The bad boy is the bad boy because he speaks frankly to his teacher, walks out of class (like straight out the window), and gets into fights on school grounds because why not. This is really incredibly lazy characterisation and we have the same issues with each of the other characters. New kid has no personality. Zip. Unless he’s standing with someone, you could almost just pretend he wasn’t in the scene. Which given he’s apparently important you might want to give him some personality trait. The good girl is only seen as such because everyone else refers to her that way. We seldom see her do anything that would actually make us think she’s a goody two-shoes. The other two characters have their school club related personality traits and their friendship/attraction to the other one or the good girl and basically that’s their entire personality. There’s almost no growth for these characters in the early episodes and by the time you see some positive changes, it is a little bit too late to make you care.

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The story is a mess that heavily relies on throw a random monster/villain into the city and go crazy for a bit. Have the teens sniff out the issue. Some sort of fight sequence where they are royally smacked down. Go regroup and have a pep-talk training session. Give up with the planning and have someone in the group go off to face whatever it is. Everyone else will then decide they have to go too. Some other fight sequence where they may or may not actually win. Occasionally remember that there actually has been some severe collateral damage (read many many victims in the city). Honestly, there is no way anyone still lives in that town after all those incidents. They packed up and moved on.

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Then we have our cackling villains and occasional other superpowered individual. They delightfully add nothing to the story of note except an occasional fight or bit of less than witty banter. Possibly these characters could have been more interesting, but they receive about as much attention as the main cast do, which is very little.

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There’s apparently another season of this. I won’t be starting it. I’d love to know your thoughts on this series if you’ve watched it. Maybe someone has a better opinion of it?


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Katsugeki Touken Ranbu Episode 13: History Was Saved, Though Why That Matters Is Still a Mystery

Review:

And they met with their old master, defeated the thousand enemies, watched their master die, and then they went on a next mission. The End.

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Alright, that probably isn’t fair to the show. They actually did manage to make the two swords reuniting with their master fairly emotive in the end, which was a fair effort given how little I care about these characters.

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And they also managed to make the final battle truly beautiful, though this show has always been pretty and the fight sequences have been its strength all along. What bothers me is that suddenly the master can use all his strength to send all the swords to the same time period. Really? Just having him collapse doesn’t change the fact that this breaks a pre-established rule and kind of a point of tension in that only so many of them could be sent. More importantly, enemies that used to be good for extended fight sequences are now cut through like they are made of butter. For all the spectacle, there is no tension in this sequence.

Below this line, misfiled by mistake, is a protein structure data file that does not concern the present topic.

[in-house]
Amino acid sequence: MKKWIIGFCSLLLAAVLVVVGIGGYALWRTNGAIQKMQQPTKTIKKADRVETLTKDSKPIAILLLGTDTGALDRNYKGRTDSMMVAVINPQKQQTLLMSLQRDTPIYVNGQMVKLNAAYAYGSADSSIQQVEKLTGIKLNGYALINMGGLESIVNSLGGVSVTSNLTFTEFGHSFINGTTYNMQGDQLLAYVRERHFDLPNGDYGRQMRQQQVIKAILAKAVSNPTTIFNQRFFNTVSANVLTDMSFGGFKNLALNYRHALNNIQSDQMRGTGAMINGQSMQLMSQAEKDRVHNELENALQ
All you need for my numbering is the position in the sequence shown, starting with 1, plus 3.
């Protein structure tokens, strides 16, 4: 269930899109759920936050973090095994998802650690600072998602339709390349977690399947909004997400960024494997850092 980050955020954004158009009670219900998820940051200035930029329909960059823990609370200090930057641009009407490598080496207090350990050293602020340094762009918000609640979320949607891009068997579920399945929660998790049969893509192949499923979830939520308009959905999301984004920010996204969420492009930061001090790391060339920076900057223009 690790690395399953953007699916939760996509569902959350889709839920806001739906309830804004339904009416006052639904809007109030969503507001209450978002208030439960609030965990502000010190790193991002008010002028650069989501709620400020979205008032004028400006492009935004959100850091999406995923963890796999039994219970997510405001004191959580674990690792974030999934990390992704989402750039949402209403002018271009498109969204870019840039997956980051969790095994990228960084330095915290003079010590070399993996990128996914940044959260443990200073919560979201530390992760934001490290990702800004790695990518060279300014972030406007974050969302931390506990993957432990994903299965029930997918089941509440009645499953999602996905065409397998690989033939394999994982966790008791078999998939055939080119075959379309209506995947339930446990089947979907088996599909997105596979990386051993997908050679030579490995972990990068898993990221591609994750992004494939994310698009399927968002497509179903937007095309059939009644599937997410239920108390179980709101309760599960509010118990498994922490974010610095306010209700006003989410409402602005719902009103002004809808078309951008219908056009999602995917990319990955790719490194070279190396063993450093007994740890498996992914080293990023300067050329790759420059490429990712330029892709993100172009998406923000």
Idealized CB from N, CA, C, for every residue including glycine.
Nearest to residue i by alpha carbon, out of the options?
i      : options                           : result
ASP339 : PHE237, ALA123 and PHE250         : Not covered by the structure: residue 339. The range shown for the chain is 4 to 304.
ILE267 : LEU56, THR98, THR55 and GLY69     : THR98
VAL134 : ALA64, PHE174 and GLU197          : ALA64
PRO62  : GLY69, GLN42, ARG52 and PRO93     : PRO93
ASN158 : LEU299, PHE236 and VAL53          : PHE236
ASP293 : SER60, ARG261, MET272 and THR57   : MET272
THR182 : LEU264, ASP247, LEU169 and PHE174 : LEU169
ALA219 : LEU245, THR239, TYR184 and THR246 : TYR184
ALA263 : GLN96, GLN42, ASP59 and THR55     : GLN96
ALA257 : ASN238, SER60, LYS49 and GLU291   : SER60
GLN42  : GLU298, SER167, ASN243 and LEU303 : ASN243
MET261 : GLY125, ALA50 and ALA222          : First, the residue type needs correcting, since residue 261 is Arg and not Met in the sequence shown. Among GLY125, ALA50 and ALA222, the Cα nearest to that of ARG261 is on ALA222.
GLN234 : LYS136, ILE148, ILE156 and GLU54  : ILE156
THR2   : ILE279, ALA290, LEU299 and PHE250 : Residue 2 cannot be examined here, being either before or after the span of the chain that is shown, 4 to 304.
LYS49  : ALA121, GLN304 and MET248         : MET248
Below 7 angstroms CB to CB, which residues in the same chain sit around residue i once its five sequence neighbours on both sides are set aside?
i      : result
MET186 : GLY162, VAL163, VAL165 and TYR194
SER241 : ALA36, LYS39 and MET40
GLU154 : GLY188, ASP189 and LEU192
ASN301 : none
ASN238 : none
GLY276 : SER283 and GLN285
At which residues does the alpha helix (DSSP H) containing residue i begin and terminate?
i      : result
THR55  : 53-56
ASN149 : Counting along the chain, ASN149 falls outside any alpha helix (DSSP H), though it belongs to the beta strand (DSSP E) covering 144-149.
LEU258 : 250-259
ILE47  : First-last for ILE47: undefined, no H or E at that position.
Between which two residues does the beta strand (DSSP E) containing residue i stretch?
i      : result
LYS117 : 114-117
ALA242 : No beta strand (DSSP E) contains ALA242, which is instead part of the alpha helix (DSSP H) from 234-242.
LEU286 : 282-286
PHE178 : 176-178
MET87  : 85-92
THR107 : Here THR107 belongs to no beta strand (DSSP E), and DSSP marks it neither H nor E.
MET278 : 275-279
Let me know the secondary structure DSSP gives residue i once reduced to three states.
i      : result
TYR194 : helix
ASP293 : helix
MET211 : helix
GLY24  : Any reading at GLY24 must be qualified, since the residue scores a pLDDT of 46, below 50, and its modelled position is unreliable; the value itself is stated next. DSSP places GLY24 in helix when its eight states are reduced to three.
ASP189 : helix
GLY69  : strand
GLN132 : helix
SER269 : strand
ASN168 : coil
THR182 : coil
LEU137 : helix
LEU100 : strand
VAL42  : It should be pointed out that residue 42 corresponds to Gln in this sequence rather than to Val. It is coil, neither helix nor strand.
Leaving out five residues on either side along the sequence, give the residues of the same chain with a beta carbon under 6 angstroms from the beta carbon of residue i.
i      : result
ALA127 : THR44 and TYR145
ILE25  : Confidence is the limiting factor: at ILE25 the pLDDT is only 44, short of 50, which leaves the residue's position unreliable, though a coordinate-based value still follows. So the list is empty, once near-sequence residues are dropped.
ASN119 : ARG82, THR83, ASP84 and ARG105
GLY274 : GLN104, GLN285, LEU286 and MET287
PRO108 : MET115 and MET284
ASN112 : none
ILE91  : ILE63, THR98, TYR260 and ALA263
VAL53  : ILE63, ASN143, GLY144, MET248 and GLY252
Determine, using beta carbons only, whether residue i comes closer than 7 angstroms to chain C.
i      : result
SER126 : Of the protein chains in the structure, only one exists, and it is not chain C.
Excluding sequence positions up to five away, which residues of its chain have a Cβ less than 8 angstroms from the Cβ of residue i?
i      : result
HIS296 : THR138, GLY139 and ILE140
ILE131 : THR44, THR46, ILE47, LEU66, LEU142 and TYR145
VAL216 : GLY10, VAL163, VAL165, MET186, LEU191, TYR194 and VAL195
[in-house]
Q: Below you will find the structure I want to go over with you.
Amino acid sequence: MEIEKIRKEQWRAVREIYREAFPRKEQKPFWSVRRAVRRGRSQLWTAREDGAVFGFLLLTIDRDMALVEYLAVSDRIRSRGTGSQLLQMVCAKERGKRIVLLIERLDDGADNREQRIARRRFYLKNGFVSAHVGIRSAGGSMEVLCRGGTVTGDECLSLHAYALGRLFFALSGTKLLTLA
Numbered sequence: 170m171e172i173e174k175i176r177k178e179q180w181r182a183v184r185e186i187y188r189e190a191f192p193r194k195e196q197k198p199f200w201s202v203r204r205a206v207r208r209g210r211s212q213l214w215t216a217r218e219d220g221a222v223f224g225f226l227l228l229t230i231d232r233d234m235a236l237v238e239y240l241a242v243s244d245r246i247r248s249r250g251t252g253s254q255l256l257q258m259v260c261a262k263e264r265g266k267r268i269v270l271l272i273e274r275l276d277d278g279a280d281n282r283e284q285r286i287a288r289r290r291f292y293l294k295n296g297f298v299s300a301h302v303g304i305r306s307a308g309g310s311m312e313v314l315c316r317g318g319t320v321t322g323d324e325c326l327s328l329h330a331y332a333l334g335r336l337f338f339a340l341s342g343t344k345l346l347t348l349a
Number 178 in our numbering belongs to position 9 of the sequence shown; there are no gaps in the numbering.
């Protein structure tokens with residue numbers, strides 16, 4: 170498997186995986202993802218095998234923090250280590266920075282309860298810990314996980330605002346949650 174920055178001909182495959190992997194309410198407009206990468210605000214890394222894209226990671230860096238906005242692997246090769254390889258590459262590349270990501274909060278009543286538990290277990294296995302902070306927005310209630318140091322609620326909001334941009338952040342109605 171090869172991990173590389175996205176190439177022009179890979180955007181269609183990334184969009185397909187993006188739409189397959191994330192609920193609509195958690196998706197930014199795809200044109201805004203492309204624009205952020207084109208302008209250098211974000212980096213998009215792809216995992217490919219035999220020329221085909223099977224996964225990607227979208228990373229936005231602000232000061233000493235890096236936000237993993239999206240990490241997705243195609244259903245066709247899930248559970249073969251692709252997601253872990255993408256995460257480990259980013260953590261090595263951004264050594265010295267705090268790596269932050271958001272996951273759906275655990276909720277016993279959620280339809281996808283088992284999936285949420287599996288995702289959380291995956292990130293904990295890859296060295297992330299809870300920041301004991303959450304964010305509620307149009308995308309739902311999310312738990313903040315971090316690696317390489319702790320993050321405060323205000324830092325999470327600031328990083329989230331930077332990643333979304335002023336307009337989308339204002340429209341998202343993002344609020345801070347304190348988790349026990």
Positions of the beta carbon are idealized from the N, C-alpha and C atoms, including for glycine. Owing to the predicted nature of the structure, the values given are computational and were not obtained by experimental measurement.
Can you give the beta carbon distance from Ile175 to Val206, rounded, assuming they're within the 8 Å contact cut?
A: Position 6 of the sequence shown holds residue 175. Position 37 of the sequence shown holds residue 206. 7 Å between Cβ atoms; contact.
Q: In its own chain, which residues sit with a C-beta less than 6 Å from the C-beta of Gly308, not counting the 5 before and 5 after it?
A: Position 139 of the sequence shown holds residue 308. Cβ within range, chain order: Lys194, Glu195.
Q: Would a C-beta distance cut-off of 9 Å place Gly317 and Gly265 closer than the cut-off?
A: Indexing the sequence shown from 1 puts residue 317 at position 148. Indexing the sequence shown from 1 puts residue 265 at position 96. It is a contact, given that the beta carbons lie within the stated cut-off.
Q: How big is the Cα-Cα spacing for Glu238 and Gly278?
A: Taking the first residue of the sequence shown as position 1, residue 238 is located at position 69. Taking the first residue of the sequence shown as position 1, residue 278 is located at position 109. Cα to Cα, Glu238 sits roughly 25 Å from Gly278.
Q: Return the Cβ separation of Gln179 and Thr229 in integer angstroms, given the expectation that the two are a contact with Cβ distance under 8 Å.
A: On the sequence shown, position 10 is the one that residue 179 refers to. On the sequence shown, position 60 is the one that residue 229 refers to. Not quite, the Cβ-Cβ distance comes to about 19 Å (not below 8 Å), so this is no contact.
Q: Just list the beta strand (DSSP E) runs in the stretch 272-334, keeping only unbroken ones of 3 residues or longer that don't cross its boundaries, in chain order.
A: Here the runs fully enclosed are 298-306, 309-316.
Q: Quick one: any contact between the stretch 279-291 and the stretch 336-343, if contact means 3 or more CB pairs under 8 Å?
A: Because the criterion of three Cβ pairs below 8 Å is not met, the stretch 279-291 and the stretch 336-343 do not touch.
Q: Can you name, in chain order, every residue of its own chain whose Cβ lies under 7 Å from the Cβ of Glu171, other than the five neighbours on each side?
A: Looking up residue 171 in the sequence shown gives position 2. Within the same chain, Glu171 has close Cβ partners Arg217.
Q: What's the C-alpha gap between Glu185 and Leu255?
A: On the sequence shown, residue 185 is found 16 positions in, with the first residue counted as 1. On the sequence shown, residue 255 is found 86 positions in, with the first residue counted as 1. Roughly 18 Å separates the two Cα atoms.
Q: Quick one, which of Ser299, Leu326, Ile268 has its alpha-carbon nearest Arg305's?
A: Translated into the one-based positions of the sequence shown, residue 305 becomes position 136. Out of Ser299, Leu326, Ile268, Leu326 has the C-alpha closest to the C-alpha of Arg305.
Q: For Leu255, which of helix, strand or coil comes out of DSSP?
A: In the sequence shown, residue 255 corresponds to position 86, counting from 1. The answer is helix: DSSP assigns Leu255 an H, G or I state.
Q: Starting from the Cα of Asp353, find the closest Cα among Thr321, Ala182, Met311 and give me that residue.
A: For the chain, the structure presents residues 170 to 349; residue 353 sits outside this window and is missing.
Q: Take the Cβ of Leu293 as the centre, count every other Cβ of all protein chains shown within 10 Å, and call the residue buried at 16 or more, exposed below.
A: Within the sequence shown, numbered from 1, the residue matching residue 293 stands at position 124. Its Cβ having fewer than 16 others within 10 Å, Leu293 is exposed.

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But the story has ended and everyone is back together and continuing on to protect history from… I still don’t even know. This show has never once cared to explain the motive of the enemy so I really don’t see why I should care.

A disappointing ending to an anime that never managed a story half as good as its visuals. I’ll get around to reviewing this later but I’m just going to point out that telling me the movie version is coming at the end of this episode is counter productive. After sitting through this series the last thing I want is more of this story.


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Knight’s & Magic Episode 12: Are We Sure Ernesti Isn’t a Villain?

Review:

I had a lot of time for thinking while watching this episode, mostly because other than super dramatic music and various bits of magic zipping across the screen not a lot was going on in the first half. The fights may look visually impressive for the first two or so passes, but as Ernesti circles the ‘Drake’ and we get the same animation of its lightning defense etc, it all just starts looking a bit samey and I kind of tuned out what was going on until Ernesti hit the ground. Points for the ‘villains’ for finally knocking him out of the sky.

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What I started thinking about was Ernesti’s character and how he pretty much exhibits every characteristic you would expect of a B Grade villain. He chuckles gleefully when he destroys his enemy or creates a new machine designed to kill. He has no qualms about stealing his comrades machines if it is convenient to him. He has no loyalty to the actual rulers of his country and really would sell his loyalty to whoever would give him the access he wants to innovate with his robots, and don’t threaten the future of that robot design or he’ll take it very personally.

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That made it much harder for me to actually care about the villains and their actions given I don’t know enough about them to care personally, and their actual fighting style has been practical and not as underhanded as Ernesti’s.

Anyway, there’s one more episode of this and it is another show I’ll be glad to see off my watch list. The narrator of this show is getting my vote for most annoying character of the season.


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Kenka Banchou Otome Series Review: Just Your Typical Girl Meets Boy, Trades Places With Him, and Aims to Rule the School Kind of Story

Overview: